Confinement breaks the translational symmetry of materials, making all thermodynamic and kinetic quantities functions of position. Such symmetry breaking can be used to obtain configurations that are not otherwise accessible in the bulk. Here, we use computer simulations to explore the effect of substrate-liquid interactions on thermodynamic and kinetic anisotropies induced by a solid substrate. We consider n-octane nano-films that are in contact with substrates with varying degrees of attraction, parameterized by an interaction parameter ϵS. Complete freezing of octane nano-films is observed at low temperatures, irrespective of ϵS, while at intermediate temperatures, a frozen monolayer emerges at solid-liquid and vapor-liquid interfaces. By carefully inspecting the profiles of translational and orientational relaxation times, we confirm that the translational and orientational degrees of freedom are decoupled at these frozen monolayers. At sufficiently high temperatures, however, free interfaces and solid-liquid interfaces close to loose (low-ϵS) substrates undergo “pre-freezing,” characterized by mild peaks in several thermodynamic quantities. Two distinct dynamic regimes are observed at solid-liquid interfaces. The dynamics is accelerated in the vicinity of loose substrates, while sticky (high-ϵS) substrates decelerate dynamics, sometimes by as much as two orders of magnitude. These two distinct dynamical regimes have been previously reported by Haji-Akbari and Debenedetti [J. Chem. Phys. 141, 024506 (2014)] for a model atomic glass-forming liquid. We also confirm the existence of two correlations—proposed in the above-mentioned work—in solid-liquid subsurface regions of octane thin films, i.e., a correlation between atomic density and normal stress, and between atomic translational relaxation time and lateral stress. Finally, we inspect the ability of different regions of an octane film to explore the potential energy landscape by performing inherent structure calculations, and observe no noticeable difference between the free surface and the bulk in efficiently exploring the potential energy landscape. This is unlike the films of model atomic glass formers that tend to sample their respective landscape more efficiently at free surfaces. We discuss the implications of this finding to the ability of octane—and other n-alkanes—to form ultrastable glasses.
Confinement alters the thermodynamic and kinetic properties of matter. Such changes can partly arise from quantum effects at the nanoscale.1–4 They can also emerge in purely classical systems, simply due to the presence of confinement-induced interfacial regions. On a fundamental level, confinement breaks the translational isotropy of a bulk material, making all its physical properties functions of position.5 The extent of such anisotropy is, however, variable, and can depend on both the thermodynamic conditions (temperature, density, composition) as well as the nature of the interface(s), such as boundary conditions (free interface vs. substrate), interactions (attractive, repulsive, inert), and dimensionality (pores, channels, slabs). Regardless, the behavior of confined matter can deviate significantly from the bulk in many different ways. Examples include the emergence of new phases,6–8 changes in thermodynamic properties such as melting and glass transition temperatures,9–13 and in kinetic properties such as nucleation rates,14–16 viscosities,17–20 diffusivities21–23 and elastic constants.18,24,25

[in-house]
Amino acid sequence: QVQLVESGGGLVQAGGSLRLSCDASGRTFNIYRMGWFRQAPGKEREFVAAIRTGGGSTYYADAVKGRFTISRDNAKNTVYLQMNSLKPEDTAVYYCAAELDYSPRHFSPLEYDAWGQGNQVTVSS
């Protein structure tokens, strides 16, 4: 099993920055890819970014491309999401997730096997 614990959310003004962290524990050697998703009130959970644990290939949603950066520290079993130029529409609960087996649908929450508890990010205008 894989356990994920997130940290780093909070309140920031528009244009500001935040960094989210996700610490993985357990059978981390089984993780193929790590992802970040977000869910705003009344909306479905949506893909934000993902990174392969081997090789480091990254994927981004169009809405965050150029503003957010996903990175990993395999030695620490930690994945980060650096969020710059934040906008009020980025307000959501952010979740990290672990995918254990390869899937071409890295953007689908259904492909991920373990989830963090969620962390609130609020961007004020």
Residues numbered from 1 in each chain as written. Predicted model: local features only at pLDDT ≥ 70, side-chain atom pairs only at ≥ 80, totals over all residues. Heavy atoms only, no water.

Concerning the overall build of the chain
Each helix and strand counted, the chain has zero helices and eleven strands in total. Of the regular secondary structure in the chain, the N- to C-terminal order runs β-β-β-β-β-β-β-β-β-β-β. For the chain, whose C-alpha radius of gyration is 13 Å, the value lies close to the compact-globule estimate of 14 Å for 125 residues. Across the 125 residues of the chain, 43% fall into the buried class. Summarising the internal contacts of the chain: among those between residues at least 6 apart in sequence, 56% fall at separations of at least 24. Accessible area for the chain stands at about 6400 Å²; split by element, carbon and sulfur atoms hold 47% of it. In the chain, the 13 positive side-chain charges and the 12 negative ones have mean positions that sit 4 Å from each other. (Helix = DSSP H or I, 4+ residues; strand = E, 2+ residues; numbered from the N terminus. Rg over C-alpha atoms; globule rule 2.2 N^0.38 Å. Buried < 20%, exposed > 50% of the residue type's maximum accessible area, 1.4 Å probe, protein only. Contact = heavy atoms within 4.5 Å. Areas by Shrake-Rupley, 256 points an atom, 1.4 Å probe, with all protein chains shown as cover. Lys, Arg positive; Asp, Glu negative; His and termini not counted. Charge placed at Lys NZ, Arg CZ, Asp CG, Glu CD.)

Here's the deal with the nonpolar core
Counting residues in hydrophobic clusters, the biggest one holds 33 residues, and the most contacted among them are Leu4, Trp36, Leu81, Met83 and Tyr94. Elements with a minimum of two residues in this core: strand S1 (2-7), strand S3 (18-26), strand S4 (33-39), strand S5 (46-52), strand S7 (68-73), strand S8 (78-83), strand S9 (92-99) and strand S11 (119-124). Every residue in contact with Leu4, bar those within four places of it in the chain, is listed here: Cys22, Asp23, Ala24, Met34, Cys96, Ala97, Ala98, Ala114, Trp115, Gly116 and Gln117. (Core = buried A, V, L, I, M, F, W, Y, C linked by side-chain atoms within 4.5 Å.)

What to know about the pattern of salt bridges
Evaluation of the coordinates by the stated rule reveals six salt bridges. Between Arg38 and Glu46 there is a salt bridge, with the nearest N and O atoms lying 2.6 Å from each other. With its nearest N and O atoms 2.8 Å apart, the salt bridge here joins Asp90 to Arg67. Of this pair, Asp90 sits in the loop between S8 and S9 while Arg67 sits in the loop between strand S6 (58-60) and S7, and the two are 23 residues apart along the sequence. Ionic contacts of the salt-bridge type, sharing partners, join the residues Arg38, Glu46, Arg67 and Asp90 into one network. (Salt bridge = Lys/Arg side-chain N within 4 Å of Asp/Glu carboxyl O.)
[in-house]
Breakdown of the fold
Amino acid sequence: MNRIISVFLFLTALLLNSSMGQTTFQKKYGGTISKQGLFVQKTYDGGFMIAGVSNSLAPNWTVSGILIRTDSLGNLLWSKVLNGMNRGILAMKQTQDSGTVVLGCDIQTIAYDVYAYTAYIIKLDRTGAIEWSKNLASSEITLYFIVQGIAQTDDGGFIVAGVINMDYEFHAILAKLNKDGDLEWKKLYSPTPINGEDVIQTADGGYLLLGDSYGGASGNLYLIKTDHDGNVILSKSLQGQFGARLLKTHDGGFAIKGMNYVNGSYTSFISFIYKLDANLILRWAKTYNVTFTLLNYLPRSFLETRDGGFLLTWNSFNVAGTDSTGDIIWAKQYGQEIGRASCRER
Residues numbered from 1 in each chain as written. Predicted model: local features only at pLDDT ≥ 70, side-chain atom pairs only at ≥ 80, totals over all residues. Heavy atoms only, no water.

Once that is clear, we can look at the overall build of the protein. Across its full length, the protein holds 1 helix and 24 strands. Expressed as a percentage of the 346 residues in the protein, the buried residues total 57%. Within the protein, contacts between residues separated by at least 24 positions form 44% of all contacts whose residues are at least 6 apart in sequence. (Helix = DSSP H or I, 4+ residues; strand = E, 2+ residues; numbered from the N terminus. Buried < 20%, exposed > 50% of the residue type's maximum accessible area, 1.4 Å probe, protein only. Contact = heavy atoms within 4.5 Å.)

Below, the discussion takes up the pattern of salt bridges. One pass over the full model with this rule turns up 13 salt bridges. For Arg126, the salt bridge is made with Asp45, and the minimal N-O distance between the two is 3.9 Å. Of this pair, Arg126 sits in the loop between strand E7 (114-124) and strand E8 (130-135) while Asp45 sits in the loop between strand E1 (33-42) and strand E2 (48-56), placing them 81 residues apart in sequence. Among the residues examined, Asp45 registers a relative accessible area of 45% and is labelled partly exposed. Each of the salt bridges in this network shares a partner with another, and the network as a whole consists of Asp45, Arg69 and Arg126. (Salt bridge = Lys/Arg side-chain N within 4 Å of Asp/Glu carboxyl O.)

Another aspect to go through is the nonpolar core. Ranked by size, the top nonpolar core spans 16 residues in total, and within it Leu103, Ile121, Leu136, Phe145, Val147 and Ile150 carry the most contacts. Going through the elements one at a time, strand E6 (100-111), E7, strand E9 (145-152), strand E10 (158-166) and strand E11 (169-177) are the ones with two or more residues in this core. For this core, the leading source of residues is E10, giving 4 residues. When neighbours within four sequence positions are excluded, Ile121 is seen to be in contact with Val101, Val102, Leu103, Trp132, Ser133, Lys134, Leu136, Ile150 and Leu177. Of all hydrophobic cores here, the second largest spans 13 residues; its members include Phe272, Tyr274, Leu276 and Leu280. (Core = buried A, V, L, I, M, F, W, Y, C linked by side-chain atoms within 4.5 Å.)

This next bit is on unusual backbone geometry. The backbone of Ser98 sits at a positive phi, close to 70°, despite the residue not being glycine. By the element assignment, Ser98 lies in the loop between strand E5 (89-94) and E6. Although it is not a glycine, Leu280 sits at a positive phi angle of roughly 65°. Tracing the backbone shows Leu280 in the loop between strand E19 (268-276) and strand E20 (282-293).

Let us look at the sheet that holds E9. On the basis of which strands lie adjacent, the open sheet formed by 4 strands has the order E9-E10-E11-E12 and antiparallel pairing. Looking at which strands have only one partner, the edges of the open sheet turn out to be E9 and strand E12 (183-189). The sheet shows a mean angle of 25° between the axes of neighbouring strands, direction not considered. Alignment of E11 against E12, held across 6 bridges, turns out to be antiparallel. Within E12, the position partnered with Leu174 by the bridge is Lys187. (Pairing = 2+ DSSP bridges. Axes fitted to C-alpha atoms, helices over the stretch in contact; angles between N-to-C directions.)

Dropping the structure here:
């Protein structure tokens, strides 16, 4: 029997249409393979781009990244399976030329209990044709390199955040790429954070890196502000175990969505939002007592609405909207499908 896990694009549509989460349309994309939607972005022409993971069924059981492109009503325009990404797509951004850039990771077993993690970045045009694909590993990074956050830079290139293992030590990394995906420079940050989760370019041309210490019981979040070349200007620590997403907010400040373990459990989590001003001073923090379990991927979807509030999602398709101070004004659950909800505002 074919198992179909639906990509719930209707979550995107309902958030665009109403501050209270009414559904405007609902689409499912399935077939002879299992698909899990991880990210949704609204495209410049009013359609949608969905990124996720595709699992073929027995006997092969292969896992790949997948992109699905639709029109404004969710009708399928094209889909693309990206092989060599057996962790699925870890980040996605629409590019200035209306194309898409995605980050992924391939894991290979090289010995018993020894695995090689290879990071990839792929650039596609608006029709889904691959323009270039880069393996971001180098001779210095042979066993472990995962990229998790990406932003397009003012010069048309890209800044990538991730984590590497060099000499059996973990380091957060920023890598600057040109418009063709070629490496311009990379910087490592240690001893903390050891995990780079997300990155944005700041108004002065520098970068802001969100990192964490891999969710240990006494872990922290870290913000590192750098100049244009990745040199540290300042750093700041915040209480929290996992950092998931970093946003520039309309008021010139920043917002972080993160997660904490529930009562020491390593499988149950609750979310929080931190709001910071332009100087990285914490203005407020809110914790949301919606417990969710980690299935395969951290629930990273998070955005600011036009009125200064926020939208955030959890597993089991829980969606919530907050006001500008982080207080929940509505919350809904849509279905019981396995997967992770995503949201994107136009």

The translational anisotropy that is induced as a result of confinement can be utilized for modulating the structural and functional properties of materials. A widely known example is heterogeneous nucleation26 in which a substrate enhances a particular first-order phase transition in its vicinity by decreasing the associated free energy barriers. On a microscopic level, this is mediated by the formation of a subsurface region that is more conducive to nucleation than the homogeneous bulk material. The nucleating potency of a substrate is thus related to the microstructure of the material that is in its proximity, i.e., the anisotropy that it induces therein.27 The relationship between the anisotropy of the subsurface region and the facilitated nucleation can be rigorously explained for phase transitions such as hydrophobic evaporation,14,28 but is far more difficult to discern for more complex phase transitions, such as crystallization.16
A more recent example of the interesting behavior arising in anisotropic systems is provided by ultrastable glasses obtained by depositing the vapor of a glass-forming liquid onto a cold substrate. By tuning the substrate temperature, it is possible to form glasses that are far more stable than the ordinary glasses obtained by rapidly quenching the liquid.29 In addition to their superior thermal and mechanical stability, such ultrastable glasses can be structurally anisotropic as evident from refractive index measurements and X-ray scattering.30–32 Possible structural differences between ordinary and ultrastable glasses are manifest in the different scaling of their heat capacities in the limit of T → 0 K.33 It has even been suggested that a first-order liquid-liquid transition might exist between the ordinary and ultrastable amorphous states.34 Vapor deposition has been successfully used for making organic,29,35–41 polymeric42 and metallic43 ultrastable glasses. There is, however, a significant gap in understanding why these vapor-deposited glasses are ultrastable. It has been argued that the enhanced mobility of molecules at the vapor-liquid interface enables them to explore the potential energy landscape more efficiently, thereby giving rise to structures that reside far deeper in the potential energy landscape.44 Such enhanced mobility has been observed in experimental20,45–47 and computational5,48–50 studies of thin films. However, no causal relationship has been unambiguously established between the existence of such accelerated regions and the formation of ultrastable glasses.